Memories from a 1960s BH&D conductor: Part 2
There was a career progression of sorts, through the Spare List to the Relief List and finally on to obtaining a Service. In older times this would have taken years but, with the rapid staff turnover of the late Sixties, I found myself on the Relief List after just two weeks and with my own Service at the end of just two months.
The Relief List introduced an element of predictability into the proceedings in that as a Relief you stood in for a preallocated group of staff on their weekly rest days, usually on a single route. All staff worked six days a week with a rotating rest day so as a Relief you had a weekly schedule of six different duties with six different drivers on the one route (taking into account your own leave day), repeating in the second week but on the opposite shift, late for early or vice versa. My Relief period was spent completely on the rather dreary Service 3 from Wilson Avenue, Whitehawk, to the uppermost reaches of Dyke Road.
As staff members left, you gradually ascended through the Relief List until, as head of it, a Service became available to you. Getting a Service meant that you again operated one route only as a conductor, albeit rotating on a weekly basis through all the duties comprising that route so that each week you worked with a different driver. I was fortunate enough to be allocated Service 5, which was regarded as rather a ‘plum’ route, in part because of the excellent unofficial teashop and toilet facilities provided by a lady called Mary in her wool and haberdashery shop on the parade at Mackie Avenue, Patcham.
Tea and toilet
The provision of tea and toilet facilities was important to staff on a shift that could be up to ten hours long. Only a minority of routes terminated at bus stations, railway stations or other sites providing these facilities. Routes passing Whitehawk Garage enabled the staff to make an unofficial stop outside the garage and scurry in to use the toilets while an enterprising café opposite provided cans of tea which could be picked up as you passed, carried to the terminus for consumption during stopover and dropped off empty on the way back. Most routes had something of this sort, but I recall Service 3 terminating in the remote vastness of Wilson Avenue and upper Dyke Road with no tea or toilet facilities, thus necessitating an unscheduled stop at Hove Station for the latter and at a nearby café for the former. This was where I learned to drink tea from the saucer, to shorten the unannounced stoppage, while the passengers wondered to where the crew had suddenly disappeared.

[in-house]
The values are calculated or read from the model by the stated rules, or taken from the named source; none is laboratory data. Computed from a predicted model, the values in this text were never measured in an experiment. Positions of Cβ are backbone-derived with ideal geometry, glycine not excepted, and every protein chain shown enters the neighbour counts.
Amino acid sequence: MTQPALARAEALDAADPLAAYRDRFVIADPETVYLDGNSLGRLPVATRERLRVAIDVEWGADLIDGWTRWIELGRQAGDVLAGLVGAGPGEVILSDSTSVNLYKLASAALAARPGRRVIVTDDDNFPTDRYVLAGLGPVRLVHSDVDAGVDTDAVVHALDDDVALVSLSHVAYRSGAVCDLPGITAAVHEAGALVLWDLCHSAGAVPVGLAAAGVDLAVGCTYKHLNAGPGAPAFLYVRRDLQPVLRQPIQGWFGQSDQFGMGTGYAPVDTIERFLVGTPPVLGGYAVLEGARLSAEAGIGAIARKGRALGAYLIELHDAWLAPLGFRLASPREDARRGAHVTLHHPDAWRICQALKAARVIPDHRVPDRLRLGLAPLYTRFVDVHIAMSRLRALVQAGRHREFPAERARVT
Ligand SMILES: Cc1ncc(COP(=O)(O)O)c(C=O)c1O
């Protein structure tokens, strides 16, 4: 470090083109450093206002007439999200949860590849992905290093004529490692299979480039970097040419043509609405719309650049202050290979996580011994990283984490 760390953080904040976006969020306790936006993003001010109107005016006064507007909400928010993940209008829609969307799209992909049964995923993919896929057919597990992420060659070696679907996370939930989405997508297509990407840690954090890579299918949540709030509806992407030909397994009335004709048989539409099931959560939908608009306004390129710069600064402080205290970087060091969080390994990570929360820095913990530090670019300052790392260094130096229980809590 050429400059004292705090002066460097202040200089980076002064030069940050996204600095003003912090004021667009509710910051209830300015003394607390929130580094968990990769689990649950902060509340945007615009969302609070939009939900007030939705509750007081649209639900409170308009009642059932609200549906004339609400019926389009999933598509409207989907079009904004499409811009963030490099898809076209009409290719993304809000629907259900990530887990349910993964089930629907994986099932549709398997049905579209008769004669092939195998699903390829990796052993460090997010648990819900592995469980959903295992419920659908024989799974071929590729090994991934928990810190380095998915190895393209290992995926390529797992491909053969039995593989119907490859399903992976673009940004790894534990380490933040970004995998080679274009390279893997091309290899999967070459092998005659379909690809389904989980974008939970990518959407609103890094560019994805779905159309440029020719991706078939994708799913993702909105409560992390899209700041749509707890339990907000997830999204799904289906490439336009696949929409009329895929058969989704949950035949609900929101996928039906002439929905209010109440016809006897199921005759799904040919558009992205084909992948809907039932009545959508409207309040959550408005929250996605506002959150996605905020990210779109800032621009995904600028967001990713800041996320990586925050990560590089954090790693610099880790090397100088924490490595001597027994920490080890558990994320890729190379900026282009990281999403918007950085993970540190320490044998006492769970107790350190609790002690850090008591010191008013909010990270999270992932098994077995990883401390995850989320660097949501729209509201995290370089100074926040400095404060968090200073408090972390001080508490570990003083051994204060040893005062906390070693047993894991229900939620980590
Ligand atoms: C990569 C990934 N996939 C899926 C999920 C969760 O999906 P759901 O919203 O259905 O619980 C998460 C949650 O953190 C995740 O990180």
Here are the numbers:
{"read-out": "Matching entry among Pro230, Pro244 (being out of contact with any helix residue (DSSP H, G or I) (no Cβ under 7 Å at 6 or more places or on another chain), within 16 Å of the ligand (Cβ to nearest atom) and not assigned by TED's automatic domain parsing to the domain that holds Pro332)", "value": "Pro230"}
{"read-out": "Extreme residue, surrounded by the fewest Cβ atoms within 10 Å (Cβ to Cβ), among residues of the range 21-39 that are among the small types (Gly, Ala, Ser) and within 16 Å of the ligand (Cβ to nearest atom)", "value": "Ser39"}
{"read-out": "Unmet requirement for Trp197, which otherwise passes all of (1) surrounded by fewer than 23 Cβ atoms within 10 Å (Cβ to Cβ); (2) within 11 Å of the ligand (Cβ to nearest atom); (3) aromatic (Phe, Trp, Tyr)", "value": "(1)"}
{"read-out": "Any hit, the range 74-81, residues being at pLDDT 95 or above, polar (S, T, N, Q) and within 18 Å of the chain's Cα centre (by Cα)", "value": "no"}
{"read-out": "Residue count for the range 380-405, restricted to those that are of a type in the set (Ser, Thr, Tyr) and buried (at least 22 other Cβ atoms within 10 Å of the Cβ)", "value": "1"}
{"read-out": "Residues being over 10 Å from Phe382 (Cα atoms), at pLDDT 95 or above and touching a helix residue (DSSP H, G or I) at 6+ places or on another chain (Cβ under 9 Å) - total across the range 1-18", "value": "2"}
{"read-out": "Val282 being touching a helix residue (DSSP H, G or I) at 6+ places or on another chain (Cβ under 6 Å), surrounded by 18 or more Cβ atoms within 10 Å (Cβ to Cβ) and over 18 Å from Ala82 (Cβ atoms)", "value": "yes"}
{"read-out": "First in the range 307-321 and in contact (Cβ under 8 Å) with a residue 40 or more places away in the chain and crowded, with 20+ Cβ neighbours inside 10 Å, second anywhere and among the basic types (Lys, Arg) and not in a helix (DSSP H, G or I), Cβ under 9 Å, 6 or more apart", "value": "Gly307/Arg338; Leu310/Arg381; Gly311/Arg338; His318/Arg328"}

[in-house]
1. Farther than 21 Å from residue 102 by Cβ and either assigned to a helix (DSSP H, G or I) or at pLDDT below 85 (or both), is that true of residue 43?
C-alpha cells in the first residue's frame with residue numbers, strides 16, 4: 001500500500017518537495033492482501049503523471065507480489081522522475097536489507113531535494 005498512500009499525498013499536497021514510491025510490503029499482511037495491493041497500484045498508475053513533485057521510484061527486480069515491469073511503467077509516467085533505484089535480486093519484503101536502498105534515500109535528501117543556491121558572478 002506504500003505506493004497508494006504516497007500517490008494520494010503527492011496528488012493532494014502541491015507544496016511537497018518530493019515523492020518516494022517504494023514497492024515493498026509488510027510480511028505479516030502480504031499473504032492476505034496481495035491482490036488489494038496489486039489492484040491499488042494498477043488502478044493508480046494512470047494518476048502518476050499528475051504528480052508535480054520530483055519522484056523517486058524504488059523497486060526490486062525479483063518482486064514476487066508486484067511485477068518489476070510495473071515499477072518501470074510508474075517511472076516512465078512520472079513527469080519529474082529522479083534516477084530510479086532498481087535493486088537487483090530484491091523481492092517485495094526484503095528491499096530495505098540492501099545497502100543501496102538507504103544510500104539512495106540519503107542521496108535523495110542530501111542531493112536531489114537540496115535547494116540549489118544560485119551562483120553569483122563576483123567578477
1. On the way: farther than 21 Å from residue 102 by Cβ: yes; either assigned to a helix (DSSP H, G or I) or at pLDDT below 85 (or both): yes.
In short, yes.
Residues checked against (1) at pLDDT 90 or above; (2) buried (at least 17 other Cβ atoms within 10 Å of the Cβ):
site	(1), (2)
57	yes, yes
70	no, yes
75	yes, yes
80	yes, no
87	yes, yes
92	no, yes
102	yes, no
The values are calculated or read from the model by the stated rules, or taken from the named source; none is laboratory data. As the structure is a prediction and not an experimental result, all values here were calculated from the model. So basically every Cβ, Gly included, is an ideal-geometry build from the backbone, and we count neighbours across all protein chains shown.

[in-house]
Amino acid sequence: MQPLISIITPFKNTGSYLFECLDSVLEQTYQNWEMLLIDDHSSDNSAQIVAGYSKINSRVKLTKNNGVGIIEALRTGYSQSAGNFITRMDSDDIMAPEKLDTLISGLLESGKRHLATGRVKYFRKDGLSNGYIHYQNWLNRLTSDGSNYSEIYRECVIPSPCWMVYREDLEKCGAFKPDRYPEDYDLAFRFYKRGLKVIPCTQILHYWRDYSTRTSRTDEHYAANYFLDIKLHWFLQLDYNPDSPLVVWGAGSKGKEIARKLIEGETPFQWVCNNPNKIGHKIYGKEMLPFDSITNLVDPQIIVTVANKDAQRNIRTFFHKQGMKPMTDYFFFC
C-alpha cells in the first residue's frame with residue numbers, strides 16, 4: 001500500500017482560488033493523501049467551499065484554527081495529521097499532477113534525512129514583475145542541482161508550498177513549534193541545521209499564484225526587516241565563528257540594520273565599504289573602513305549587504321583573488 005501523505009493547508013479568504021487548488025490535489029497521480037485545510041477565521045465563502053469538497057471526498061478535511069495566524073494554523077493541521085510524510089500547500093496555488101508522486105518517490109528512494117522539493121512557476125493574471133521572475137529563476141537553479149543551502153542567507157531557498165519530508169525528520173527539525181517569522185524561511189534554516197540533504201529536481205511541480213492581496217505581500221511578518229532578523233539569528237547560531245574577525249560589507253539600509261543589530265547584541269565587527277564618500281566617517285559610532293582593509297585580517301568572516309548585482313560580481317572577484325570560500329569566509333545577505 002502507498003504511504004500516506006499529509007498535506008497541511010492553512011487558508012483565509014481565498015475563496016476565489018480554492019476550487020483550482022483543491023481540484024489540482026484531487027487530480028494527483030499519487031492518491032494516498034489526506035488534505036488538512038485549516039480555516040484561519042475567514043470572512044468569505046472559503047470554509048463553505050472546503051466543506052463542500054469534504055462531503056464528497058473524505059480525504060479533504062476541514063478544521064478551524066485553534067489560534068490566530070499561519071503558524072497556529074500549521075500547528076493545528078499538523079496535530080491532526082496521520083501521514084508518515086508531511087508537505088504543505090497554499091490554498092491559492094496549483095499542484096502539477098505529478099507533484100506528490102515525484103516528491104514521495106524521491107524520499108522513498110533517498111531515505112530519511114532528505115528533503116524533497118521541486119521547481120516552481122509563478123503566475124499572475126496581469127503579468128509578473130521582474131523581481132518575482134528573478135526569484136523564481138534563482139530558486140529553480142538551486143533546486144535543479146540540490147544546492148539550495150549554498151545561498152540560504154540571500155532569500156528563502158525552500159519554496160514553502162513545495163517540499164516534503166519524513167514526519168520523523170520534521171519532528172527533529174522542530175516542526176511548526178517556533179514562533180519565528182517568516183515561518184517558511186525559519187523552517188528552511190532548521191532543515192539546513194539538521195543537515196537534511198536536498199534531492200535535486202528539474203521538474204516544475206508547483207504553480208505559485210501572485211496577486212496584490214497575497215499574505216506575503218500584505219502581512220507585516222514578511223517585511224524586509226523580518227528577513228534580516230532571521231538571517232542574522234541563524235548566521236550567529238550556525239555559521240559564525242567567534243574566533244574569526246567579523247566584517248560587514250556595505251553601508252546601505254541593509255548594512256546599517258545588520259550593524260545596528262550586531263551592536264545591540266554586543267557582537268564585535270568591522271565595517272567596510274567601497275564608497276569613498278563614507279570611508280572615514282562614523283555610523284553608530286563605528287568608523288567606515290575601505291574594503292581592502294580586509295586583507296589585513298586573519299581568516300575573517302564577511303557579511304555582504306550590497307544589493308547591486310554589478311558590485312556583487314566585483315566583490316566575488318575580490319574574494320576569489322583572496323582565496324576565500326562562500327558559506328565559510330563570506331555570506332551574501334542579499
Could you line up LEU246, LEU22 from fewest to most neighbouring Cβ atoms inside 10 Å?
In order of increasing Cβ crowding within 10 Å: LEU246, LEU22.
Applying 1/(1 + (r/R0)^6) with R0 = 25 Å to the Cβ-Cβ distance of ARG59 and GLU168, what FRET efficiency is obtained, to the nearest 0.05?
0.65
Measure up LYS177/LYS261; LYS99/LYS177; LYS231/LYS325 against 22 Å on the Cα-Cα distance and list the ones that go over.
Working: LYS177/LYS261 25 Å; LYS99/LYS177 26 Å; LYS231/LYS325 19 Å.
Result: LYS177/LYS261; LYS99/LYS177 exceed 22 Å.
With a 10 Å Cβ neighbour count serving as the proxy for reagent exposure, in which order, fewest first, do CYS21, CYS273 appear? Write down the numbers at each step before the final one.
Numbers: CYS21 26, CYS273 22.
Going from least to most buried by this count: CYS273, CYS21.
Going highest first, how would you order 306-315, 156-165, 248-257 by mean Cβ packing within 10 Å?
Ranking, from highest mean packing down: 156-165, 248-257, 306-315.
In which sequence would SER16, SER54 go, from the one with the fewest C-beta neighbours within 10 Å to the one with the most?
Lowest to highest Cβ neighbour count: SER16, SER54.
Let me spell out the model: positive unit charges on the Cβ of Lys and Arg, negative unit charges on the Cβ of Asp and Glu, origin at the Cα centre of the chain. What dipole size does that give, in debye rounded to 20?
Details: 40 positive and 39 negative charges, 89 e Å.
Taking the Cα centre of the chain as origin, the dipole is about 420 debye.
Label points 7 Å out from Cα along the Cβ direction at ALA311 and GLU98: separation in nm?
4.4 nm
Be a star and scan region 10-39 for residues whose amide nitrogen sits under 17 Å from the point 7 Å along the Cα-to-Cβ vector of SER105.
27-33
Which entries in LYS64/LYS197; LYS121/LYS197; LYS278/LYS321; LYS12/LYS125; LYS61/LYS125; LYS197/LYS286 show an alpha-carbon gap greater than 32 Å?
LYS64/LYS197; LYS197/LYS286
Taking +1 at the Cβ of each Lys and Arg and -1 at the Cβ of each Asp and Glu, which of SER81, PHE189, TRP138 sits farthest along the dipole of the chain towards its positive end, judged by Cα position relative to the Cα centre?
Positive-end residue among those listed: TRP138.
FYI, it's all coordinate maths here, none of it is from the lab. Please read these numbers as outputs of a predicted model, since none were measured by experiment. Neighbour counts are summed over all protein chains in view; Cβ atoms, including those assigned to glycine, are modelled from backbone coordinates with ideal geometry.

A bunch of Fives
Service 5/5B connected two of the twin towns’ largest suburban estates, Patcham and Hangleton, via its two largest and busiest shopping centres, London Road and Western Road/Church Road, and the busy axis of Old Steine. (The B suffix indicated slight variations at the two termini, and each duty alternated 5 and 5B runs.) It was the busiest service in the company and on weekdays and Saturdays ran at a seven-minute frequency from the start of the morning rush hour to the end of the evening one. In rush hour traffic, it was not uncommon to see two or even three Service 5 buses ‘staircasing’ (closely following) each other, as the first bus became progressively more and more delayed with its heavy load while the next one or two followed closely behind carrying minimal passengers (even if three buses appeared together, passengers would invariably try to board the first, despite the obvious crush on board). The more assiduous following drivers would overtake and thus relieve the load on the first bus, whilst those less sympathetic would hang back and let the hapless first bus crew suffer.
‘Staircasing’ also took place between buses of rival companies, in which case it was carried out with no sympathy whatsoever. If you found yourself hard up behind a Corporation or Southdown bus that followed your route for some distance, you might well let him ‘take the strain’ to the extent of hanging back and allowing him to take the lead, even if you were scheduled to run in front of him. This was particularly prevalent on the long linear routes through Kemp Town and Western Road/Church Road. Service 3 drivers would regularly hide in waiting until the Corporation 47 crept over the hump of Roedean Road and then slot in behind it all the way to Old Steine, and Service 5 crews would do the same to the Southdown 15 as it appeared from London Road, Patcham.